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Statewide veterans group honors Southern Utes

Members of the Southern Ute Veterans Association and Southern Ute Indian Tribal Council attended on Sunday, April 7 the United Veterans Committee of Colorado's 41st annual awards banquet, where the association received a Distinguished Veterans Service Organization award. Present at the ceremony were (left to right) Larry Tucker, the association's secretary/treasurer; Aaron V. Torres, council member; Howard D. Richards Sr., council member and founding member and former commander of the association; Rudley Weaver; Ronnie Baker, former commander; Rod Grove, temporary commander; and Pete Gomez, a former probation officer for the Southern Ute Tribal Court.
Photo Credit: Ace Stryker | The Southern Ute Drum

The Southern Ute Veterans Association was honored on Sunday, April 7 with a Distinguished Veterans Service Organization award, the only one granted at this year’s United Veterans Committee of Colorado awards banquet in Denver.

The award celebrates the group for its “dedicated service to the Colorado veterans.”

“Since 1986, when three Vietnam veterans discussed Southern Ute veteran issues, you have consistently grown in assessing veteran needs and achieving positive corrective actions. The actions were so worthy as to earn formal tribal recognition in 1995,” the award certificate states. “In addition to assisting veterans, you are active in many community functions providing services and color guards at no cost. Your service is a great credit to the Southern Ute Indian Tribal Council and to your state and nation.”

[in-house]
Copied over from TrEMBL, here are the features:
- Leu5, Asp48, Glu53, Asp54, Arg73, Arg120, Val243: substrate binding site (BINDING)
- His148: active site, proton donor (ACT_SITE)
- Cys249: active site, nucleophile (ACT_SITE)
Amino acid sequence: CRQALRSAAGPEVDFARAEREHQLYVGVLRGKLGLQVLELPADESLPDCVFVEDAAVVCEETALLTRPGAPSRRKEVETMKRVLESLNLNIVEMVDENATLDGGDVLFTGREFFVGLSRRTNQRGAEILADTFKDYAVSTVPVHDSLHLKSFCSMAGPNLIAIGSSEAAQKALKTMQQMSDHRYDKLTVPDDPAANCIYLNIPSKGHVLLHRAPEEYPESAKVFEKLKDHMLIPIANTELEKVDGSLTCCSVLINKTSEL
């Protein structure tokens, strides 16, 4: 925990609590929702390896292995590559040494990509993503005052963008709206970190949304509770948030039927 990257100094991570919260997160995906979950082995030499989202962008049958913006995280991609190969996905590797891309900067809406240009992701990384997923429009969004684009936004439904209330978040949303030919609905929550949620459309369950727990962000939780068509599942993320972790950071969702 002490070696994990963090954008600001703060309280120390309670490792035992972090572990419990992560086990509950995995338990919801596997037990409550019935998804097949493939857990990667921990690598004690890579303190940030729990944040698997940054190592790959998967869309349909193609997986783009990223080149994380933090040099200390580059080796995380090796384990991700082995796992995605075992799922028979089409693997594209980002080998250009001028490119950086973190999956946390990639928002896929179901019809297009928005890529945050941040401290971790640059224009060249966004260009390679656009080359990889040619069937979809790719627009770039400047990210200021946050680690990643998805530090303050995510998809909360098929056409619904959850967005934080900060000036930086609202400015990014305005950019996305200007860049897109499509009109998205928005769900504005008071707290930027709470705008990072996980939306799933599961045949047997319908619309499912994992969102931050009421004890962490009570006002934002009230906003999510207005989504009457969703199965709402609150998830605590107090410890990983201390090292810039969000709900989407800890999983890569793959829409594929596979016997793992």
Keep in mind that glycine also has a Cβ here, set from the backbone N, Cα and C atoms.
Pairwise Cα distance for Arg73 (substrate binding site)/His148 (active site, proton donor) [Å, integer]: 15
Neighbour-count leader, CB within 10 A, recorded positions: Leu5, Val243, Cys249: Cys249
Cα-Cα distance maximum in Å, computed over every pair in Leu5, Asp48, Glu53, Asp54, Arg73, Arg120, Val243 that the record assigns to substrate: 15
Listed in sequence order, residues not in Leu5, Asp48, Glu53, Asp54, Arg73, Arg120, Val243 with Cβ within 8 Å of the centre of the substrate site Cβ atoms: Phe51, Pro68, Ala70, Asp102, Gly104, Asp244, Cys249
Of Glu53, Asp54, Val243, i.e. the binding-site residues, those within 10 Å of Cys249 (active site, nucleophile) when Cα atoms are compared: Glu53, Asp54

Present for the banquet — the committee’s 41st annual — at the Renaissance Denver Hotel were Howard D. Richards Sr., a Southern Ute Indian Tribal councilman and founding member and former commander of the Southern Ute association; Rod Grove, temporary commander; Larry Tucker, secretary/treasurer; Ronnie Baker, former commander; Rudley Weaver; and Councilman Aaron V. Torres.

“I was kind of surprised,” Grove said. “It was finally a recognition by the people in the state that they acknowledged us for what we have done.”

Grove said the committee actually invited the association to receive the award last year, but some members of the association couldn’t make the banquet — so it was rescheduled for this year.

“It was a long time coming,” he said, adding that the committee also recognized the group for its service outside the tribe, as when members carry flags during events or make presentations at local schools. “We served this country like anybody else. We didn’t ask for anything special. We did our duties. … We never ran away or burned our draft cards.”

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